All of the boys had come from football training when they first went into the cave on June 23, and were wearing football shirts when they were found - one wore an England top, another the colours of Real Madrid. PHOTO | AFPAll of the boys had come from football training when they first went into the cave on June 23, and were wearing football shirts when they were found - one wore an England top, another the colours of Real Madrid. PHOTO | AFP
By AFP

The eight young footballers rescued from a cave in Thailand after more than two weeks underground are unlikely to be able to take up an offer to attend the World Cup final in Moscow, doctors said Tuesday.

The plight of the boys has prompted an outpouring of support from across the footballing world, from Brazil legend Ronaldo to England’s John Stones and Argentinian superstar Lionel Messi.

The emaciated and dishevelled “Wild Boars” were found after nine days of no contact on a small, muddy bank surrounded by water several kilometres inside the Tham Luang cave in northern Thailand.

All had come from football training when they first went into the cave on June 23, and were wearing football shirts when they were found — one wore an England top, another the colours of Real Madrid.

DESPERATE GROUP

Images of the desperate group went viral, prompting FIFA boss Gianni Infantino to invite them to the July 15 showpiece in a gesture of solidarity from the footballing world and a dream to most teenage football fans.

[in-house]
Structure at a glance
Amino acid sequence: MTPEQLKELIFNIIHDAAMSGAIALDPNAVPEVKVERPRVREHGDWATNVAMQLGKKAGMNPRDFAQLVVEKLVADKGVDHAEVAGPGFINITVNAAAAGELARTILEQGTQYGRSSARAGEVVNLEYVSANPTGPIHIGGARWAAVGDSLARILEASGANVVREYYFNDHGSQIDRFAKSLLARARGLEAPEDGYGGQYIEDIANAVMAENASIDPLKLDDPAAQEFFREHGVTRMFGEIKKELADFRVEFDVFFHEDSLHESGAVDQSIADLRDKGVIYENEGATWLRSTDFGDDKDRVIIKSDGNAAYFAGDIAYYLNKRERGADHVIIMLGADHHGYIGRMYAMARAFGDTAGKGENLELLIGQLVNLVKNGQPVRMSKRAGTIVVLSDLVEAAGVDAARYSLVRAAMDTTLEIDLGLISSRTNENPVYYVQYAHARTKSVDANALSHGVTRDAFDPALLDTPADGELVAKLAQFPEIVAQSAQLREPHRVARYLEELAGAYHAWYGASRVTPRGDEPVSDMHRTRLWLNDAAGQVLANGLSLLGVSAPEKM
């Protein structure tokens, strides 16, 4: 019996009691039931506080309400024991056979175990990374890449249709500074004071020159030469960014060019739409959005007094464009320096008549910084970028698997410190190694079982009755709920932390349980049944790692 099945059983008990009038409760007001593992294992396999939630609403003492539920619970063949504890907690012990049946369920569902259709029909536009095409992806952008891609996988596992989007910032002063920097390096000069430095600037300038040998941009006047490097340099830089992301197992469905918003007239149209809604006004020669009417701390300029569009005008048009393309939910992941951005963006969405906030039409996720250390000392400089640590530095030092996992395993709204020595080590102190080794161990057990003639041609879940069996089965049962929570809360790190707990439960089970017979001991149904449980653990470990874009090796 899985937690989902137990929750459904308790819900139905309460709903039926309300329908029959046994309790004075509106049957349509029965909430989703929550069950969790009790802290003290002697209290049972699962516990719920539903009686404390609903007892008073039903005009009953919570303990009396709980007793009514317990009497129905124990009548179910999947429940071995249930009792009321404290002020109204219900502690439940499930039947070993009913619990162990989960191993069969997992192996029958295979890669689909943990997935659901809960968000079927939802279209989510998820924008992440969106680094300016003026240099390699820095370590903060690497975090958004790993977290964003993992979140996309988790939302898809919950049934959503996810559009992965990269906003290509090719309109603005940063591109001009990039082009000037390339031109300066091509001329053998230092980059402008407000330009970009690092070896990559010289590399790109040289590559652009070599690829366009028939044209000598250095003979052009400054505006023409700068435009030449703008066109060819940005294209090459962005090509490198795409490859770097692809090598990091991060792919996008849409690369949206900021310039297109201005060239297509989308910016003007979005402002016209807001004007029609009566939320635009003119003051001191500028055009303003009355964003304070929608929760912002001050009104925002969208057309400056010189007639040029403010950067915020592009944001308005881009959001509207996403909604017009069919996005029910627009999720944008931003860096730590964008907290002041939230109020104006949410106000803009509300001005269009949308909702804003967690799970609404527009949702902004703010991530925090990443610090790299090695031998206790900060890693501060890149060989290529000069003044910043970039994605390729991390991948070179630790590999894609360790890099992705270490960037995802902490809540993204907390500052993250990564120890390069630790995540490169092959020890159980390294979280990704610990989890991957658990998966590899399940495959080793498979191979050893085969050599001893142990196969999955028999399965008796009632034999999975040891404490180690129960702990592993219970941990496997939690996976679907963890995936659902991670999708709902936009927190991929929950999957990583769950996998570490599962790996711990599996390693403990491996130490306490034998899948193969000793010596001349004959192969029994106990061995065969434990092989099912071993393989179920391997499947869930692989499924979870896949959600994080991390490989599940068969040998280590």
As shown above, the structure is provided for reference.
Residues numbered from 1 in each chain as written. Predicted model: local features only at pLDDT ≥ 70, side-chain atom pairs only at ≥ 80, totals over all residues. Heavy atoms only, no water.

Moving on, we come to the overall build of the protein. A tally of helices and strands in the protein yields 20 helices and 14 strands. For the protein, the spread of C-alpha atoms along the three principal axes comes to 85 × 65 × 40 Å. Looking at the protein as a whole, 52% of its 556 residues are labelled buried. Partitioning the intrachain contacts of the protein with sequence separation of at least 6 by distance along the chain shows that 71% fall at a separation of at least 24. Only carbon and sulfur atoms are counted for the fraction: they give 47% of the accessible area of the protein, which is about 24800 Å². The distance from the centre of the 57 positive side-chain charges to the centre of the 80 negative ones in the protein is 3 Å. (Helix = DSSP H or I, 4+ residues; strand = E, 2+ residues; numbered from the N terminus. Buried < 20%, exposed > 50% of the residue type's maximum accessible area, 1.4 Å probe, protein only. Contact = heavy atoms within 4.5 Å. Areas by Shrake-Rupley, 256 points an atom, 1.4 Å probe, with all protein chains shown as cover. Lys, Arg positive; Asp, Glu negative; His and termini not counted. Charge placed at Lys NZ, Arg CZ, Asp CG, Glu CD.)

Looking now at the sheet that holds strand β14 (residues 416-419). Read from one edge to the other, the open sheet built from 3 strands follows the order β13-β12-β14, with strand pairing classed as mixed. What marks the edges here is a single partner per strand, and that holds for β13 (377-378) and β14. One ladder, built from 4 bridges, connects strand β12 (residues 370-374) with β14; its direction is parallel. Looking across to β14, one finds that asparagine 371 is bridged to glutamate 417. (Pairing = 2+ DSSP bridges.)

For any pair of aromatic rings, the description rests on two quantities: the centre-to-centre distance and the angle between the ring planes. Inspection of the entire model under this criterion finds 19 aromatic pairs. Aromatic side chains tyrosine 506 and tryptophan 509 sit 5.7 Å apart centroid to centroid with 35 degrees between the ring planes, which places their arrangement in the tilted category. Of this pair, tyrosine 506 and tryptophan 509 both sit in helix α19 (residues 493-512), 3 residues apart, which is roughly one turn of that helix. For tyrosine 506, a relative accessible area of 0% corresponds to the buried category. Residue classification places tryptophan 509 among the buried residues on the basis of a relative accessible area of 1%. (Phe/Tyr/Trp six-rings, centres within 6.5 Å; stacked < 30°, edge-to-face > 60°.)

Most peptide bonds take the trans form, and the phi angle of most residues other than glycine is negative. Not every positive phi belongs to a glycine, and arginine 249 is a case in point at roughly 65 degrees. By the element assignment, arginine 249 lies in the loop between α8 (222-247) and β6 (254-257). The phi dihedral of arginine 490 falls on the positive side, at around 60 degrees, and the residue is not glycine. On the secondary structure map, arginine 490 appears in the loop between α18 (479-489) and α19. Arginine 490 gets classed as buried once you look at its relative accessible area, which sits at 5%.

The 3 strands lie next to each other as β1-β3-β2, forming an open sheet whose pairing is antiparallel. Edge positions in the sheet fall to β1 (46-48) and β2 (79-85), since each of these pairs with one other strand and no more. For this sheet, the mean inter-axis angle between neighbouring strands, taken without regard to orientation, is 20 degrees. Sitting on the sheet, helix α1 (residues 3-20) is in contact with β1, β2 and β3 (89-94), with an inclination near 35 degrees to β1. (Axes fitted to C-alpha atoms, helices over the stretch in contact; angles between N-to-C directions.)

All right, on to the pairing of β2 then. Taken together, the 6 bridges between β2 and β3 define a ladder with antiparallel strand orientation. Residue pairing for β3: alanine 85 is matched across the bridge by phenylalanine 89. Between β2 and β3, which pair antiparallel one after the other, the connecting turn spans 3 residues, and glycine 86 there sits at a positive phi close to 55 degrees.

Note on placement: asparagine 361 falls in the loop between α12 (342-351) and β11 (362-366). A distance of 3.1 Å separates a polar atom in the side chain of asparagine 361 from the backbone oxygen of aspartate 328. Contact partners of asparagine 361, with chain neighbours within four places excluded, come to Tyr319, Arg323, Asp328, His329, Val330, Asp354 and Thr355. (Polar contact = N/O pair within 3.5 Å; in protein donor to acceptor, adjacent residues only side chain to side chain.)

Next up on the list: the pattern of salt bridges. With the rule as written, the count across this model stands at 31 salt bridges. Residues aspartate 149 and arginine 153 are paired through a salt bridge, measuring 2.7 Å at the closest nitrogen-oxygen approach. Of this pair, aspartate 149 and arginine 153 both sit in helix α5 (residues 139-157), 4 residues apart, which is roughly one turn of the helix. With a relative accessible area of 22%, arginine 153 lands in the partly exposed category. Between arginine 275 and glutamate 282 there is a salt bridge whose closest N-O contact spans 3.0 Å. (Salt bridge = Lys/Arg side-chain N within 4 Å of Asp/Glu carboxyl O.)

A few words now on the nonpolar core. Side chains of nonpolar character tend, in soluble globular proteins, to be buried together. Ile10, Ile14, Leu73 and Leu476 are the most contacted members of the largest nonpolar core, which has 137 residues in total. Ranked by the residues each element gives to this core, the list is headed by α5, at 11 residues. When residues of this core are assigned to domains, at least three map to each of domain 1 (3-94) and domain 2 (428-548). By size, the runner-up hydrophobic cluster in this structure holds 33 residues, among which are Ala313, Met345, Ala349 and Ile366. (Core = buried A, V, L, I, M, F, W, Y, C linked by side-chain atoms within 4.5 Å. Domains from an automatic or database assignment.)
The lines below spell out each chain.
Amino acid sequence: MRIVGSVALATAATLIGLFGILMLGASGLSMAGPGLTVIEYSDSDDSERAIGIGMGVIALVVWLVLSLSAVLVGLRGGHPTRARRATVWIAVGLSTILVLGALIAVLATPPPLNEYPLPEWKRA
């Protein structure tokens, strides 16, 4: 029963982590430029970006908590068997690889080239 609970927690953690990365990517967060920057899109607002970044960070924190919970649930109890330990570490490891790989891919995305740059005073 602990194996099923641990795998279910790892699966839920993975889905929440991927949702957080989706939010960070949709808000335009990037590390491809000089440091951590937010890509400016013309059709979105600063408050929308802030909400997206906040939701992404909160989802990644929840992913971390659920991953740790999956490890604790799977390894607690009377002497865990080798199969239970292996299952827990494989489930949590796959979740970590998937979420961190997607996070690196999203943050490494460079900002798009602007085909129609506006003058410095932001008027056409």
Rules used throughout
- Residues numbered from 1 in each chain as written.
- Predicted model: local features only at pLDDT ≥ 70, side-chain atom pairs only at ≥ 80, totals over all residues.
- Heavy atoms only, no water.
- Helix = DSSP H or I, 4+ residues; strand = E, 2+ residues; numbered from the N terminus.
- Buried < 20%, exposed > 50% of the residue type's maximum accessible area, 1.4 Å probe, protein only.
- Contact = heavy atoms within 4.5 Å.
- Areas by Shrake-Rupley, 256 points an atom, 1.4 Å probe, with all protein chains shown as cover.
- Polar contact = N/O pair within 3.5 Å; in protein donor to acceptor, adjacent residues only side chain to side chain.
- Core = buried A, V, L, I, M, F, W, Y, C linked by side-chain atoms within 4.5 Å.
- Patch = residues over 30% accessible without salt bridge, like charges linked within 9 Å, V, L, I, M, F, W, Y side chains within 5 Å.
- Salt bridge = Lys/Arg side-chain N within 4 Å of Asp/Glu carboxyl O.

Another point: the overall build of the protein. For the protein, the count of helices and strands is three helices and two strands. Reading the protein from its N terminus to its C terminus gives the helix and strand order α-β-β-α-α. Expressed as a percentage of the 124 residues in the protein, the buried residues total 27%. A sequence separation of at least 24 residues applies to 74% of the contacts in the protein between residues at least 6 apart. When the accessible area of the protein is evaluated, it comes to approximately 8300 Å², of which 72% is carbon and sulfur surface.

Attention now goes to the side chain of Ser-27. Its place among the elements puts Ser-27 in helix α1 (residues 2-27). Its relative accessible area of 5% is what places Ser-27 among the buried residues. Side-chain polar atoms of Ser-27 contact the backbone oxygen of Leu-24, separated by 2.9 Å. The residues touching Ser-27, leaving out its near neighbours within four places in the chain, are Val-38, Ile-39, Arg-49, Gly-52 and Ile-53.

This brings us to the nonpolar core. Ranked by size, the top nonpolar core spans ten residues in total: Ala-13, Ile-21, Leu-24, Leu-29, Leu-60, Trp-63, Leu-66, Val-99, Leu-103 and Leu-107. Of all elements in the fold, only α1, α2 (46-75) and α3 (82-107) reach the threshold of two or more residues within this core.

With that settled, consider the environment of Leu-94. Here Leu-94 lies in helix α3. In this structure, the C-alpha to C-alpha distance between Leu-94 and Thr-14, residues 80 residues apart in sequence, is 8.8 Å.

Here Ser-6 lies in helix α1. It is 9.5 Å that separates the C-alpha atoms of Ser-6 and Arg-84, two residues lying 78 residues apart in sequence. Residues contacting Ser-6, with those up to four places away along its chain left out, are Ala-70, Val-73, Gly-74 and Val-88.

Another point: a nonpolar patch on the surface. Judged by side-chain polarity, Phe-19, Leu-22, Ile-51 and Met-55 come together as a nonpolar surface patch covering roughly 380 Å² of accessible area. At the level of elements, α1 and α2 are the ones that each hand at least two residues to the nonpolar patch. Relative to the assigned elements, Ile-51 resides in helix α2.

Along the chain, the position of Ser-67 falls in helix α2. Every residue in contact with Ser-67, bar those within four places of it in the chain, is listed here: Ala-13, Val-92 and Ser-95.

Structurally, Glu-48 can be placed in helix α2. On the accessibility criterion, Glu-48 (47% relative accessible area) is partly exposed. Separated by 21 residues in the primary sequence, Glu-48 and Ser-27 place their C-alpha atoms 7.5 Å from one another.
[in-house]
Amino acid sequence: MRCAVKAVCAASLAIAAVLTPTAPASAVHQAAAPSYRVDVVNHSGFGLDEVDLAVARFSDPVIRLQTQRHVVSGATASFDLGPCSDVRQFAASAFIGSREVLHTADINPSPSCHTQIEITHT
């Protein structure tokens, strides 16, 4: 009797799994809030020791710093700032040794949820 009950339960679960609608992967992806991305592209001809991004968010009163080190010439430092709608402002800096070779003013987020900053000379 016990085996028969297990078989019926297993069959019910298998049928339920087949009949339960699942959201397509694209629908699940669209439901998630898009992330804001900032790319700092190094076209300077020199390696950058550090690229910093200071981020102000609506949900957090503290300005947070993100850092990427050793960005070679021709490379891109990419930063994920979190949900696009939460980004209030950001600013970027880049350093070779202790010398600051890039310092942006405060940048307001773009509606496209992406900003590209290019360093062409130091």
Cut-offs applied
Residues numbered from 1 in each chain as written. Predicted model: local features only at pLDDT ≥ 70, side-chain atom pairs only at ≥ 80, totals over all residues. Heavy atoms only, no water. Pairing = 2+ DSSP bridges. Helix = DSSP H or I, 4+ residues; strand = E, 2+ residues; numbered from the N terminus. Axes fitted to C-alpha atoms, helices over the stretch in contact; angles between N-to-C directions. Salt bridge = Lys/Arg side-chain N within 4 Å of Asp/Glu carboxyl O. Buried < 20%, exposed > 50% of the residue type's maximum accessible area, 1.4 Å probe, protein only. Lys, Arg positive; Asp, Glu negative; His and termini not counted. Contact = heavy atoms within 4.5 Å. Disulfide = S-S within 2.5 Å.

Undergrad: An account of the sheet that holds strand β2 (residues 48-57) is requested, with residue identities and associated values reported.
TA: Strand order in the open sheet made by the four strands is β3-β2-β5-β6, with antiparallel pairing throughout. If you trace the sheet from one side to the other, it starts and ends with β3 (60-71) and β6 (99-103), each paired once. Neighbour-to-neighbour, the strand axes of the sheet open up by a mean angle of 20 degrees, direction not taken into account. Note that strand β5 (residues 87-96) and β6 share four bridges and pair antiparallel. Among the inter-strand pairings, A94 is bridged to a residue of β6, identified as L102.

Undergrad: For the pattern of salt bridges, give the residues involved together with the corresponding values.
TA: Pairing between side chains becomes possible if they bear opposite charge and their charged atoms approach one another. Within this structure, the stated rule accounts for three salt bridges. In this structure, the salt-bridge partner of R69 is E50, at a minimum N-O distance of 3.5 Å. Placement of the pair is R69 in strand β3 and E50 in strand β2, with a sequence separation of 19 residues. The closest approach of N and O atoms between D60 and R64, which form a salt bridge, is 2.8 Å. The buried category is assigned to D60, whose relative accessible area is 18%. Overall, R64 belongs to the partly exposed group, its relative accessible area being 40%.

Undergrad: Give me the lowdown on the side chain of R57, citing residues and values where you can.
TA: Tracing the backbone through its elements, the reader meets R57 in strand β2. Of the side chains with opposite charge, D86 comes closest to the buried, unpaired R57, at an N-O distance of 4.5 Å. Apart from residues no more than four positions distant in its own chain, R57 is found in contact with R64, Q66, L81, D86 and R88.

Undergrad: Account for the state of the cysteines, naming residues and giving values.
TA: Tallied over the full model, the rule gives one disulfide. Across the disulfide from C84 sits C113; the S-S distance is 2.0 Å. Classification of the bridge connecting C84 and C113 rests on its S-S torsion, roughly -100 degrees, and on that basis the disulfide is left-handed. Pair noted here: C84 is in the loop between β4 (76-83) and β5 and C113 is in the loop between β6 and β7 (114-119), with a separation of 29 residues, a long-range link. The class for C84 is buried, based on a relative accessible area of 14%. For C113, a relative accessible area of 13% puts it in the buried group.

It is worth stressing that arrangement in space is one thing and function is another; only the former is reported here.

But doctors poured cold water on the idea, saying the boys are in good shape but going through a slow and careful recovery that will see them stay in hospital for a week.

“They can’t go, they have to stay in hospital for a while,” Thongchai Lertwilairatanapong, of the public health ministry, told reporters Tuesday when asked about the offer to attend Sunday’s match.

“They’re likely to watch it on television,” Jedsada Chokdamrungsuk, permanent-secretary of the Ministry of Public Health.

The boys were still far from being rescued at the time the offer was made and as of Tuesday afternoon only eight had been freed as the complex mission entered its final stage.

So far no major health problems have been detected but parents will only be able to visit the first four boys using protective gear and after a period of 48 hours.